Simulation of the MAC Portion of IEEE 802.11 and Bursts of Errors for Wireless Data Networks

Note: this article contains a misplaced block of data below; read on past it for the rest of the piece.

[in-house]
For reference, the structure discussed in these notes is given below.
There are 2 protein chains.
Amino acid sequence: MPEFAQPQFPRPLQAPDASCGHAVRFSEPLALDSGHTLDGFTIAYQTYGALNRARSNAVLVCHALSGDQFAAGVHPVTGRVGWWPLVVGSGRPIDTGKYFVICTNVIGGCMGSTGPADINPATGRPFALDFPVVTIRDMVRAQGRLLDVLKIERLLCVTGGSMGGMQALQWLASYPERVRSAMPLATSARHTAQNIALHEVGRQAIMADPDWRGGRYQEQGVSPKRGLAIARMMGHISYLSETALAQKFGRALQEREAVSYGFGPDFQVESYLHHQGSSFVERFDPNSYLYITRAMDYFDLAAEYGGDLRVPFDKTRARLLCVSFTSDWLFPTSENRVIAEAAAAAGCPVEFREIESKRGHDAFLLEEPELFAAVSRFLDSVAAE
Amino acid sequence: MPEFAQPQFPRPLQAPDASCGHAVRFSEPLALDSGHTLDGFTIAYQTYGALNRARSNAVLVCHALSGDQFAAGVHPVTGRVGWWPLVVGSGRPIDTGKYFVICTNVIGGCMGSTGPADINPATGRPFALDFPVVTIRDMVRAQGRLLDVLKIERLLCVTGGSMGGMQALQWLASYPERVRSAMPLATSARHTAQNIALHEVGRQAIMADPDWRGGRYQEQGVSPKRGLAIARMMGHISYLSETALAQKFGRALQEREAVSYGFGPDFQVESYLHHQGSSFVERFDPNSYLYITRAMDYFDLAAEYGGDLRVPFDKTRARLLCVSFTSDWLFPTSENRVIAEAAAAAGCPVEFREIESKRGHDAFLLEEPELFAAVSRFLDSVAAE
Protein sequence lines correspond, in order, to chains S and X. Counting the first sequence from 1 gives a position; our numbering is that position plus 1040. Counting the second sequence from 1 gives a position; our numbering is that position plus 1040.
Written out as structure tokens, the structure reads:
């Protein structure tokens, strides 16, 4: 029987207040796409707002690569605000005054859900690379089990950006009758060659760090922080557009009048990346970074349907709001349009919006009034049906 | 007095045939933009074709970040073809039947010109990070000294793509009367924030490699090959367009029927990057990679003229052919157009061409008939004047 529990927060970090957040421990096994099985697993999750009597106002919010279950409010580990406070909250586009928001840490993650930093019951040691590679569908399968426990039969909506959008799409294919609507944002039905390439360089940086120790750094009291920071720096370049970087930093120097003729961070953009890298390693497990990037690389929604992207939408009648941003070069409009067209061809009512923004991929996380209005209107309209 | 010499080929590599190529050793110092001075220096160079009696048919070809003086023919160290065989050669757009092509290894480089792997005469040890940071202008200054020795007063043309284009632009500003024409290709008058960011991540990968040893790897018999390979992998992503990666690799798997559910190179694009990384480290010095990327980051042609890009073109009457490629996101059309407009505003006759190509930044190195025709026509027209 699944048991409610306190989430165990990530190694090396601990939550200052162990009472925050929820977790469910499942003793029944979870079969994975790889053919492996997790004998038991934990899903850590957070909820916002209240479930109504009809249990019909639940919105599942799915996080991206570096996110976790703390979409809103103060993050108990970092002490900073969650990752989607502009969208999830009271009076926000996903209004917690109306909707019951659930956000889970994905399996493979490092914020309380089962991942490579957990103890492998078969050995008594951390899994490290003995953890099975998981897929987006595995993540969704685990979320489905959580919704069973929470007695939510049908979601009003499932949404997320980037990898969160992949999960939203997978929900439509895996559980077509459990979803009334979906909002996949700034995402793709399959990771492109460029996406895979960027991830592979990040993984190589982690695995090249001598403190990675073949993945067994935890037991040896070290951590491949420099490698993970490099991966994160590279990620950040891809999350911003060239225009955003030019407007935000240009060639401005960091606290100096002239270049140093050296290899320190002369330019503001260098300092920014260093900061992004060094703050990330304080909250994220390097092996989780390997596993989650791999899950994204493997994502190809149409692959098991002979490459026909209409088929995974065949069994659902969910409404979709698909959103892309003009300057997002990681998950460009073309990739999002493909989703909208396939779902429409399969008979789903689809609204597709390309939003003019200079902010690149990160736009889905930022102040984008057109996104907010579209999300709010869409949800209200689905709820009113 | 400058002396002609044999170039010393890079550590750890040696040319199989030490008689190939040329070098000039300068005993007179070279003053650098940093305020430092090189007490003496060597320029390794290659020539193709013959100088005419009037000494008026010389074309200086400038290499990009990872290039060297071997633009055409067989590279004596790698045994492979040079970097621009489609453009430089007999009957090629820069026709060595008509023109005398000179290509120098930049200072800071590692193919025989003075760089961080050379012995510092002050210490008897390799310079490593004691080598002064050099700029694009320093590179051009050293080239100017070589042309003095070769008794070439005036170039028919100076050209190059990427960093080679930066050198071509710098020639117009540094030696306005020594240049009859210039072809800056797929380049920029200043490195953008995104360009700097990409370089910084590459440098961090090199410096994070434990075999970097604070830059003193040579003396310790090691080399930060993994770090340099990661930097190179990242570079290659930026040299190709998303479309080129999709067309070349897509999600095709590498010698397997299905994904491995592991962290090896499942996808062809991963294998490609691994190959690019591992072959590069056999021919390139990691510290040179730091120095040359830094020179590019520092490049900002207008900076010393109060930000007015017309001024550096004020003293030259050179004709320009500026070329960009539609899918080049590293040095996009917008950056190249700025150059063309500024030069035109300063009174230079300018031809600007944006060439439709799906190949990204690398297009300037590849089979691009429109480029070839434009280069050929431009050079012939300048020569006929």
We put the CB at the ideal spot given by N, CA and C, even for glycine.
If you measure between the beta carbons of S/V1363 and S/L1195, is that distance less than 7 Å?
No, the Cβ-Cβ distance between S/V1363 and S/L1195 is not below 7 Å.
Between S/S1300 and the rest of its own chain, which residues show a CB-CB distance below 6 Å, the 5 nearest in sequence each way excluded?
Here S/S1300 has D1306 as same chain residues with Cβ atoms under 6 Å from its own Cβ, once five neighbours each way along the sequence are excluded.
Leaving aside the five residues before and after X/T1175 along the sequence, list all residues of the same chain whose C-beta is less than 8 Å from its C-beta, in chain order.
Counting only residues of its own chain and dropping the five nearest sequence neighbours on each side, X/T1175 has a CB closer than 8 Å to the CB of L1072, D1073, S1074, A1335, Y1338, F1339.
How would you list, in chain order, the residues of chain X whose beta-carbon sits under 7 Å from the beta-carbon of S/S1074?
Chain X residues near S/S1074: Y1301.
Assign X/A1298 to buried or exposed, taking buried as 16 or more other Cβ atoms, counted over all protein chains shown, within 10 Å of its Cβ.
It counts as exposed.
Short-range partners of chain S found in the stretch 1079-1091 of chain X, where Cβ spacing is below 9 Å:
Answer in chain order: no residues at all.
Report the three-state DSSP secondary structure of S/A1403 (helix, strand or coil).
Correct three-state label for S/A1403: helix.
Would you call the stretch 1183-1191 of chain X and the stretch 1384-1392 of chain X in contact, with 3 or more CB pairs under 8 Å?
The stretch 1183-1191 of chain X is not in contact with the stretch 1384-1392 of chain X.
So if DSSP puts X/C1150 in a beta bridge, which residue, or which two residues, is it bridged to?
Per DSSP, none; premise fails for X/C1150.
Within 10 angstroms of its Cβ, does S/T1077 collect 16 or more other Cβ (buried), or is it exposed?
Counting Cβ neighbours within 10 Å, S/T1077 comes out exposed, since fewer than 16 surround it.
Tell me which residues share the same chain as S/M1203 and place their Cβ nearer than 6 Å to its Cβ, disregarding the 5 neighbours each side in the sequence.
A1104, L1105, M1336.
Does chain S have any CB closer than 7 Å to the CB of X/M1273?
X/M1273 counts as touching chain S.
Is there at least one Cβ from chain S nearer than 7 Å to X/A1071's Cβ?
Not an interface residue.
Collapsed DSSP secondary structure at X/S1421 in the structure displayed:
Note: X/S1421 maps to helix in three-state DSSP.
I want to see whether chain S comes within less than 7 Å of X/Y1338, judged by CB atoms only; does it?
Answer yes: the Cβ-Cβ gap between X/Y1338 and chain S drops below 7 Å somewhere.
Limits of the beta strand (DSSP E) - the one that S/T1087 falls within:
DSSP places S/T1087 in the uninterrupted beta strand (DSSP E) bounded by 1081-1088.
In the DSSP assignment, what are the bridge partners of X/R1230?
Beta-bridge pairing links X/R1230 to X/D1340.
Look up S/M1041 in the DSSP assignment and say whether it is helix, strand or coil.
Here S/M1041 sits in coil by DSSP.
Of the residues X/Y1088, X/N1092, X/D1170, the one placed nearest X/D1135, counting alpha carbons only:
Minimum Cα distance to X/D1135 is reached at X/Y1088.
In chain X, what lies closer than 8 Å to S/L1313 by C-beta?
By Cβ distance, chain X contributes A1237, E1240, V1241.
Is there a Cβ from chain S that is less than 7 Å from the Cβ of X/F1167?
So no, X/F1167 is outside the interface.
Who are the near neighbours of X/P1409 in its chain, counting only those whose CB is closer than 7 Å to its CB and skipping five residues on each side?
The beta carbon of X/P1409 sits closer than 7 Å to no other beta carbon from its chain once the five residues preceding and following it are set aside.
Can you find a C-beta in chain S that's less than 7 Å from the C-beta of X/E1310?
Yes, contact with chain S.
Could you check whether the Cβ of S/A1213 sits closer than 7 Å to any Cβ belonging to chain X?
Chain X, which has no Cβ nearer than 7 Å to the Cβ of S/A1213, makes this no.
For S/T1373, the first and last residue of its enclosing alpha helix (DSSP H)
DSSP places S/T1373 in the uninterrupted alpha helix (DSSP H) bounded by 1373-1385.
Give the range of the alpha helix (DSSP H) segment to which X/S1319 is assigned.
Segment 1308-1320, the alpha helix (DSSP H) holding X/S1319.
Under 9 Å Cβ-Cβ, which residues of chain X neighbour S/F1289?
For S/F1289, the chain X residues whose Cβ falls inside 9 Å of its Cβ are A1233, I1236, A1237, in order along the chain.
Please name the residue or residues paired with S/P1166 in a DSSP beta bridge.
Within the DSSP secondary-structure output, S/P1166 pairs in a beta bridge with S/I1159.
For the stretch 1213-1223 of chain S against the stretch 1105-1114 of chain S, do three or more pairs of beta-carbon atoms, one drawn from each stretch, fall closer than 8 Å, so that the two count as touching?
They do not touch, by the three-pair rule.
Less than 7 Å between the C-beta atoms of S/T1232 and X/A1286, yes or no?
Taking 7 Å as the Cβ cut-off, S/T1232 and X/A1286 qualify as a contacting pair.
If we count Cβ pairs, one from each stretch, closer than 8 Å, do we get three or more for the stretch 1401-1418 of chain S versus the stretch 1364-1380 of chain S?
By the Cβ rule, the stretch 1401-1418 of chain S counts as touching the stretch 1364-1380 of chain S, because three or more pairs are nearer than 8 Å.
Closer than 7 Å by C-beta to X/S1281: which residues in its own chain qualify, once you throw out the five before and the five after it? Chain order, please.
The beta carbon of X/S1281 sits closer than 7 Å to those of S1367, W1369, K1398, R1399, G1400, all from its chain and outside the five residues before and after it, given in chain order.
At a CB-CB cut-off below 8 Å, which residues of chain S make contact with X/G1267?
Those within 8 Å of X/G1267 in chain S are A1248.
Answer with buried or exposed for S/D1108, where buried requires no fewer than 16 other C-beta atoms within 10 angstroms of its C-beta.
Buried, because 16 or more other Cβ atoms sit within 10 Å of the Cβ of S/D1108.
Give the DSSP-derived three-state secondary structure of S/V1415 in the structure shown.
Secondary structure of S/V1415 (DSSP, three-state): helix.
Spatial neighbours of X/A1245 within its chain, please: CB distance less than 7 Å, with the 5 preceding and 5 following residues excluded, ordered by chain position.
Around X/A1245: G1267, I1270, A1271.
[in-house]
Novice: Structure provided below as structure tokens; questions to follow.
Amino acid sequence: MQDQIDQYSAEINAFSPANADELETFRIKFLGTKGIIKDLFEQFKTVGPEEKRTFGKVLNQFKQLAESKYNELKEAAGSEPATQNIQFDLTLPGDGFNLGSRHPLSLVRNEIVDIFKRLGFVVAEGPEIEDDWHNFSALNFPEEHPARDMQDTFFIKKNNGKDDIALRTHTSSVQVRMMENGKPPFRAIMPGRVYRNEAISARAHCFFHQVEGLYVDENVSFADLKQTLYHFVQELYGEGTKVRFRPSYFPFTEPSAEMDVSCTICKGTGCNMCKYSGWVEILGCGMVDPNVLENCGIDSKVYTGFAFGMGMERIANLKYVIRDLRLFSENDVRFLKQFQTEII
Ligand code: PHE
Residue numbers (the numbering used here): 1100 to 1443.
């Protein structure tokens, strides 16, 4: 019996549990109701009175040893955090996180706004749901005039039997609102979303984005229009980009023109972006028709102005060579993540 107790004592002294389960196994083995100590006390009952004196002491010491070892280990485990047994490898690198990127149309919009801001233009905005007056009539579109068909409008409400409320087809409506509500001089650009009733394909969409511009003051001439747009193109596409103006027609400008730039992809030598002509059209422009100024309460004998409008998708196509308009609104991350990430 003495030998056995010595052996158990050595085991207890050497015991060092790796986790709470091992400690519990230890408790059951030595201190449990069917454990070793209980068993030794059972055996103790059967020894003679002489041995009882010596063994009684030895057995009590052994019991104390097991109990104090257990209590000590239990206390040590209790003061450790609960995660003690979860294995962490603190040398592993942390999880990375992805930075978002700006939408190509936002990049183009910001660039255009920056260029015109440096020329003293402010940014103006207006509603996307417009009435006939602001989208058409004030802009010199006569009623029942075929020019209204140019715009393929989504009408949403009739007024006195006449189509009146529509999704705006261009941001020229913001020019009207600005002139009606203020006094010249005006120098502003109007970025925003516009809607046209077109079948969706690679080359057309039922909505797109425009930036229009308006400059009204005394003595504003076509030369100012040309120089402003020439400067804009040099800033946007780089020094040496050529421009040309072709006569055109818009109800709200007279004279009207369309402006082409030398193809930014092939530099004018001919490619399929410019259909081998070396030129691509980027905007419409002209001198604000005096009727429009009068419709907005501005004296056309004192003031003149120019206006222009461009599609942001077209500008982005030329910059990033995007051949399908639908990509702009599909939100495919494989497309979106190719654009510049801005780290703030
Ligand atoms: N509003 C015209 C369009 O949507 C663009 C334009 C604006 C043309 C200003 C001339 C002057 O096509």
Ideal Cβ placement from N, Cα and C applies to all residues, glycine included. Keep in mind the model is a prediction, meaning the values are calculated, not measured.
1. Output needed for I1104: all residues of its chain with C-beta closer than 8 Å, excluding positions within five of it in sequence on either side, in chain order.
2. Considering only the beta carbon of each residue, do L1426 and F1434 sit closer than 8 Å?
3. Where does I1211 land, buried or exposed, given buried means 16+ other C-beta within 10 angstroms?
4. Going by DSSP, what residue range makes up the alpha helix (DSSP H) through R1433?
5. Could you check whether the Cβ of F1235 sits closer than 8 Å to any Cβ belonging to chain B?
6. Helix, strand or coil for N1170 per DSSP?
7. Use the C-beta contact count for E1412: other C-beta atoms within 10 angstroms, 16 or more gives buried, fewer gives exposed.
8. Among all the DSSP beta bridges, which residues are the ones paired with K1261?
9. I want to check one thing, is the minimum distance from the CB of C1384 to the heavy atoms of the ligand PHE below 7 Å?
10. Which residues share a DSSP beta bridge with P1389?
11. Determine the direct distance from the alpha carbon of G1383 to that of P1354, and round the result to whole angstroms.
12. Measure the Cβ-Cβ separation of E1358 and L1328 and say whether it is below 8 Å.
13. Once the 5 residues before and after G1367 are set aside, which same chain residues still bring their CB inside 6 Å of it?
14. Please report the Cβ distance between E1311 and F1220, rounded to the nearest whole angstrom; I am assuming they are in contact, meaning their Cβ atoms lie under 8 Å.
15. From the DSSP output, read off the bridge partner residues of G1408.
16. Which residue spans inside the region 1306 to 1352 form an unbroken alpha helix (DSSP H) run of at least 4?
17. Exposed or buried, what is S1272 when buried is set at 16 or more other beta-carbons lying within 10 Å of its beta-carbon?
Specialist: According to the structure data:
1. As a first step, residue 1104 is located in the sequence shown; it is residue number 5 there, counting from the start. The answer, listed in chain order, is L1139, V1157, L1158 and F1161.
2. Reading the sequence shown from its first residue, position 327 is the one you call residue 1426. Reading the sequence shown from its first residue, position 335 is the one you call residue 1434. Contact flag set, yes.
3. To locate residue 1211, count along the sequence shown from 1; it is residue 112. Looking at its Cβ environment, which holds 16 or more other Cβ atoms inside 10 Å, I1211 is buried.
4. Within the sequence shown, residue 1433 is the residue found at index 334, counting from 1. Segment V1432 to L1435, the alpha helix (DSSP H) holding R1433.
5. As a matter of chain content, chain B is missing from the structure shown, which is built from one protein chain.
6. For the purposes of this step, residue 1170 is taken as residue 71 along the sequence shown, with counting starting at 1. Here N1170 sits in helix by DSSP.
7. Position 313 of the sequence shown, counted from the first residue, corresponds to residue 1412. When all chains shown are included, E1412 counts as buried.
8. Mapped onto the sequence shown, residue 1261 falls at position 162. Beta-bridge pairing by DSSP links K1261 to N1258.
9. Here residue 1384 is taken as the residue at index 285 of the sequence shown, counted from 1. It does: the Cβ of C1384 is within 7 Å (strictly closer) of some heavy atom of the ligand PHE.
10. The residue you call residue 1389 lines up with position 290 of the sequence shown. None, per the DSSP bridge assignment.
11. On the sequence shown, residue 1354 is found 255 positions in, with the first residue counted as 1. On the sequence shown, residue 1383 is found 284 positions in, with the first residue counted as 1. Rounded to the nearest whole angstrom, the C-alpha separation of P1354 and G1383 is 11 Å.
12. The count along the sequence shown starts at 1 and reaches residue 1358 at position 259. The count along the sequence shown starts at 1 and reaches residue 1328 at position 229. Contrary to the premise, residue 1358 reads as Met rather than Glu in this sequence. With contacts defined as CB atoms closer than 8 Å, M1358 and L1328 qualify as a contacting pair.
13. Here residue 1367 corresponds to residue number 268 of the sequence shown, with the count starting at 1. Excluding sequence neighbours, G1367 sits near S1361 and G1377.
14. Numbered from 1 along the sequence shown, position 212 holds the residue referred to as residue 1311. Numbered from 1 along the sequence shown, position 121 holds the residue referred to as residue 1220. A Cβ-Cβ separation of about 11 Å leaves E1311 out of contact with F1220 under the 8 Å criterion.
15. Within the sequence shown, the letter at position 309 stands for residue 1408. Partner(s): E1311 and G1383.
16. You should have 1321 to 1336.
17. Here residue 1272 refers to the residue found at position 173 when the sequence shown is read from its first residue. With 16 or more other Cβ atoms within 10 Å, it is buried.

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Simulation of the MAC Portion of IEEE 802.11 and Bursts of Errors for Wireless Data Networks Farhood Moslehi (ABSTRACT) The focus of this research is to investigate the effects of bursts of errors and packet collisions on the performance of the medium access control (MAC) portion of the IEEE 802.11 wireless local area network (LAN) protocol. An important ingredient in rapid expansion of wireless networks is the seamless transition between wired and wireless systems. The IEEE standards group in charge of developing the widely used IEEE 802.3 LAN standard has developed the IEEE 802.11 wireless LAN standard. IEEE 802.11 remains hidden from the upper levels of the network, thus allowing a seamless transition between networks. The foundation protocol for the IEEE 802.11 standard, known as Distributed Foundation Wireless Medium Access Control (DFWMAC), operates at the MAC level of the Data Link Layer. The protocol bases its access control mechanism on a principle called Carrier Sense Multiple Access with Collision Avoidance (CSMA/CA), which is an adaptation of the Carrier Sense Multiple Access with Collision Detection (CSMA/CD) protocol used by IEEE 802.3 standard. The collision avoidance scheme in CSMA/CA allows data packets to be transferred via the wireless medium with lower probability of packet collision. In a slotted multi-access wireless system, performance parameters are affected by the bit error rates on the communication channel. These errors occur as a result of noise introduced by the radio channel or data packet collisions. Collisions occur when two or more stations select the same time slot to transmit their data, thus causing corruption in data packets. In this research, a simulation model coded in Microsoft's Visual Basic programming environment is utilized to investigate the effects of bit errors and packet collisions on performance in CSMA/CA. Performance parameters used in this study include throughput, medium utilization, collisions and station data queue lengths. In the simulation model, error bursts in the communication channel are modeled using a simple Gilbert model with two states, good (G) and bad (B). State G is error free, thus errors can only occur while the model is in state B. Collisions are simulated by two or more stations starting to transmit data packets in the same time slot. Therefore, as the number of stations increases, more and more stations compete for the medium, resulting in an increase in the number of collisions. Collisions are also increased by the amount of traffic that each station introduces into the system. Station load is defined here as the number of data packets per unit time that are released by the higher network protocol layers. The results in Chapter 5 demonstrate that higher network throughput can be achieved when the aggregate load on the network is distributed. For example, 30 stations offering 20 kilobits per second (kbps) of load for a total of 600 kpbs, results in a network throughput of 585 kbps. However, three stations offering 200 kbps of load for a total of 600 kbps offered load, results in a network throughput of 486 kbps. The distributed load is serviced at a 17 percent higher rate. However, once the network becomes saturated at above 40 stations for this model, collisions will more than offset the performance gains produced by the distribution of load. Furthermore, reducing the packet size by 50 percent under an approximately 19.5 percent packet error rate results in a 12 percent gain in throughput. This is primarily due to higher utilization of the network by shorter packets. However, as the packet error rate is reduced, the performance gap between the two packet sizes is reduced. Once the errors are removed completely from the communications channel, the longer packets produce a higher throughput than the shorter packets.
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